Wayne - the article I referred to stated that fully qualified names (library.module.function) are more efficient. I imagine it is a fairly moot point (I would guess that it is so but that the gains would be barely measurable) but - is this true? and if so, does it only apply to uncompiled code or would compiled code benefit too?
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  7. #7
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    Lol - always ready with that extra bit of information.
    I can't help myself sometimes lol

    Wayne - the article I referred to stated that fully qualified names (library.module.function) are more efficient. I imagine it is a fairly moot point (I would guess that it is so but that the gains would be barely measurable) but - is this true? and if so, does it only apply to uncompiled code or would compiled code benefit too?
    It would ever so slightly benefit uncompiled code. However, it can produce less efficient compiled code.

    Basically the underlying P-Code has built in OpCodes for common VBA functions like Left/Mid/InStr etc. This means that there are two ways the compiler can use these functions - either through the VBA Library or through the Virtual Machine directly by using the relevant OpCodes. Obviously the OpCodes route is faster as it doesn't require any DLL calls (it goes directly to the VB Virtual Machine). The difference is marginal.

    Calling VBA.Strings.Left() would force the compiled code to go through the VBA DLL, wheras leaving it as just Left() would use the virtual machine, which is faster. We're only talking a couple of processor cycles though.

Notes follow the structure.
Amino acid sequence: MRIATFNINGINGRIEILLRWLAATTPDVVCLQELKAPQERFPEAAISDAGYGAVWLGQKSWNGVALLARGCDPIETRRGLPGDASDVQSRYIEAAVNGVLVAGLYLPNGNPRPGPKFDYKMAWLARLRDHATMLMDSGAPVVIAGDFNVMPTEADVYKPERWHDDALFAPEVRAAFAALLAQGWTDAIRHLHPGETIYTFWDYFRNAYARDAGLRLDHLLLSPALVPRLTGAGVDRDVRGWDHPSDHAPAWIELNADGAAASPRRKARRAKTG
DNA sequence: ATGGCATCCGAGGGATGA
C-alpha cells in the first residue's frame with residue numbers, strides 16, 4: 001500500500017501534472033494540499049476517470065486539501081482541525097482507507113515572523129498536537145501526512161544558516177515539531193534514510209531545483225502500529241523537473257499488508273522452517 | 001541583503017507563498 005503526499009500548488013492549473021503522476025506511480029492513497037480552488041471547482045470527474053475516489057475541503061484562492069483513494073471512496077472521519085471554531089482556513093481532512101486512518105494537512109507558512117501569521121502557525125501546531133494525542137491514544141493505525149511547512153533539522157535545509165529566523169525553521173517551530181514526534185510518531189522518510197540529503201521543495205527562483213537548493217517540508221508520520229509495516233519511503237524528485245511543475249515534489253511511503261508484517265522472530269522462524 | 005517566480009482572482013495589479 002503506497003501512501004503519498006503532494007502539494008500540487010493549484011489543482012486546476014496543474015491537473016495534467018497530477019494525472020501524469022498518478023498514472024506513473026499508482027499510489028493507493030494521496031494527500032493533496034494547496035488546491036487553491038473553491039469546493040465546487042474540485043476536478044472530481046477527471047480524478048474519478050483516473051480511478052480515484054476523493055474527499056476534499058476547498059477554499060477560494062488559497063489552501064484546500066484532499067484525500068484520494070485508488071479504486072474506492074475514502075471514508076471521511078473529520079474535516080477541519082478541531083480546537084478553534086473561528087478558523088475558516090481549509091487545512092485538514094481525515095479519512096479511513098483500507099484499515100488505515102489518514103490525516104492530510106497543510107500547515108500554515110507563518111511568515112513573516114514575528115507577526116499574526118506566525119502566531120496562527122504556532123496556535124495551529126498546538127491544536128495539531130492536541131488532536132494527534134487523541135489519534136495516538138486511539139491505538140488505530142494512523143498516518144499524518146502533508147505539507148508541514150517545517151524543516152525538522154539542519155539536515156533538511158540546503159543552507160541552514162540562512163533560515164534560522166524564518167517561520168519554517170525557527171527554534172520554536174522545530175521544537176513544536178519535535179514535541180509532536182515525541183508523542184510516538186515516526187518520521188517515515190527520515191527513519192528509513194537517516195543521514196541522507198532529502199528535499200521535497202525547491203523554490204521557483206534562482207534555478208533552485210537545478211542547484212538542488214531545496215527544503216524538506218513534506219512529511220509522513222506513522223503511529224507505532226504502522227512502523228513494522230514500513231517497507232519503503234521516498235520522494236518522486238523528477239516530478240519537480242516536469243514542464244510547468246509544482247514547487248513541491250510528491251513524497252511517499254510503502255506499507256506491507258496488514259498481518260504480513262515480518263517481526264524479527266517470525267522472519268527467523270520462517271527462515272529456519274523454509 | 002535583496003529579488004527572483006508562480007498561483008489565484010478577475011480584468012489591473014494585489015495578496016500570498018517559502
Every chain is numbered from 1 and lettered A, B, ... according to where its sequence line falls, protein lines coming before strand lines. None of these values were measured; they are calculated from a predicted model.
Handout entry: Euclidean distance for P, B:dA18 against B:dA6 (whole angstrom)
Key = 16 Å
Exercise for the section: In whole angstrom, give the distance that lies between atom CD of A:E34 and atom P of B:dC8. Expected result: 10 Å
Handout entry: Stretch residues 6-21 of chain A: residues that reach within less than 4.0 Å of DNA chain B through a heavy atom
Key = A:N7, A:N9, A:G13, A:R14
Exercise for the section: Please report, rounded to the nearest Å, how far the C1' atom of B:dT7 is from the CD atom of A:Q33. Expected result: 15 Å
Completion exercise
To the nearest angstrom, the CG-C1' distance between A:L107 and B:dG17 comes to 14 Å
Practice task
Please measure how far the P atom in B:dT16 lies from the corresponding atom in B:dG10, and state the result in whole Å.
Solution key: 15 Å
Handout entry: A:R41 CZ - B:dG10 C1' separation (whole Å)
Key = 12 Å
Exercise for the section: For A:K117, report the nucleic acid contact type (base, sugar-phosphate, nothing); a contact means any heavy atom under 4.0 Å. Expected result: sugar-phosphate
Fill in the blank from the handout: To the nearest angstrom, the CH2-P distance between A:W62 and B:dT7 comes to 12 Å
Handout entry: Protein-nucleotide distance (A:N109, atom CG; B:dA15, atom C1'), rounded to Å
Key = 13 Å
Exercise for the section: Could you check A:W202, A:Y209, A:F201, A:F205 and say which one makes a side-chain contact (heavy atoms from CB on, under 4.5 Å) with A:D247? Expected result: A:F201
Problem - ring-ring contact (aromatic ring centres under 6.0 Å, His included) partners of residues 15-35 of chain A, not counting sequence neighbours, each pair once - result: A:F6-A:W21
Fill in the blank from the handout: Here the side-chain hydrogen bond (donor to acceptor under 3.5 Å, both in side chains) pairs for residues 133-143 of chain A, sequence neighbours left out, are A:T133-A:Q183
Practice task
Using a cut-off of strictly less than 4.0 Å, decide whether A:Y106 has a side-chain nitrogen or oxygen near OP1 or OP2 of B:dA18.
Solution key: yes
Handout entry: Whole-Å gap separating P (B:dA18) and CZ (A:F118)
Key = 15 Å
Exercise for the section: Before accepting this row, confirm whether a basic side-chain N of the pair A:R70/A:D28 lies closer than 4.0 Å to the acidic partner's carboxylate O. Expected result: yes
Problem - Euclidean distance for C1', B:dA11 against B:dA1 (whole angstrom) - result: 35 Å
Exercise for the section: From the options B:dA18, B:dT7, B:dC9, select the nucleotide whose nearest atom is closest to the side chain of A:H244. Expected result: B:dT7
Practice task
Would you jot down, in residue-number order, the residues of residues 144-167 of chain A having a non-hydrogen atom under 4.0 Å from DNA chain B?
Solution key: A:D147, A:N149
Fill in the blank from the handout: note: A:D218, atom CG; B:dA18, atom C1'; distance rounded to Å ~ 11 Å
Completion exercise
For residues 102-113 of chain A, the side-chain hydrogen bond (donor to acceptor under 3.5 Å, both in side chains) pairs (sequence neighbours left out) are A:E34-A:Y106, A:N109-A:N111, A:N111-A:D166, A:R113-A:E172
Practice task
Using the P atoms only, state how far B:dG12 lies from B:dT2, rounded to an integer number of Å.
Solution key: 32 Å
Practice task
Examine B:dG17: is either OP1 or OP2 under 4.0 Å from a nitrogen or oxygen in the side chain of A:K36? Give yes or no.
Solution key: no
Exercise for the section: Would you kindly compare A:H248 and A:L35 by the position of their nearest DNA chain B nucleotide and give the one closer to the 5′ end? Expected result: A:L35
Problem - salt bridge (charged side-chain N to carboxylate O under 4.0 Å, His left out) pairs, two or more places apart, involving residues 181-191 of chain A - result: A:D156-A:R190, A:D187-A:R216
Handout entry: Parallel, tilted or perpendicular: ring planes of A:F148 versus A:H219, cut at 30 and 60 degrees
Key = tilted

Other than a handful of VBA functions though, there would be no difference in the compiled code.
    Last edited by waynephillips; 02-15-06 at 07:38.

  8. #8
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    Lol - brilliant thanks Wayne - your depth of knowledge once more enlightens and astounds me. Though I did notice you nip away briefly - double checking your info?

    Quote Originally Posted by waynephillips
    Obviously the OpCodes route is faster
    Pfff - obviously - I think it barely worth stating and I am quite offended that you thought it necessary

    Quote Originally Posted by Wayne
    The difference is marginal.
    I suspect you could almost define marginal using this as an example.

    Tks
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  9. #9
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    Quote Originally Posted by pootle flump
    Lol - brilliant thanks Wayne - your depth of knowledge once more enlightens and astounds me. Though I did notice you nip away briefly - double checking your info?
    Lol - actually I had a visitor (...honest!).

    Quote Originally Posted by pootle flump
    Pfff - obviously - I think it barely worth stating and I am quite offended that you thought it necessary
    Sorry, I sometimes forget and think I'm talking to myself :P lol

    Quote Originally Posted by pootle flump
    I suspect you could almost define marginal using this as an example.
    But of course, if you had a massive loop (say a few hours run time) using only standard VBA functions, it might make a difference of... say a second - or maybe even two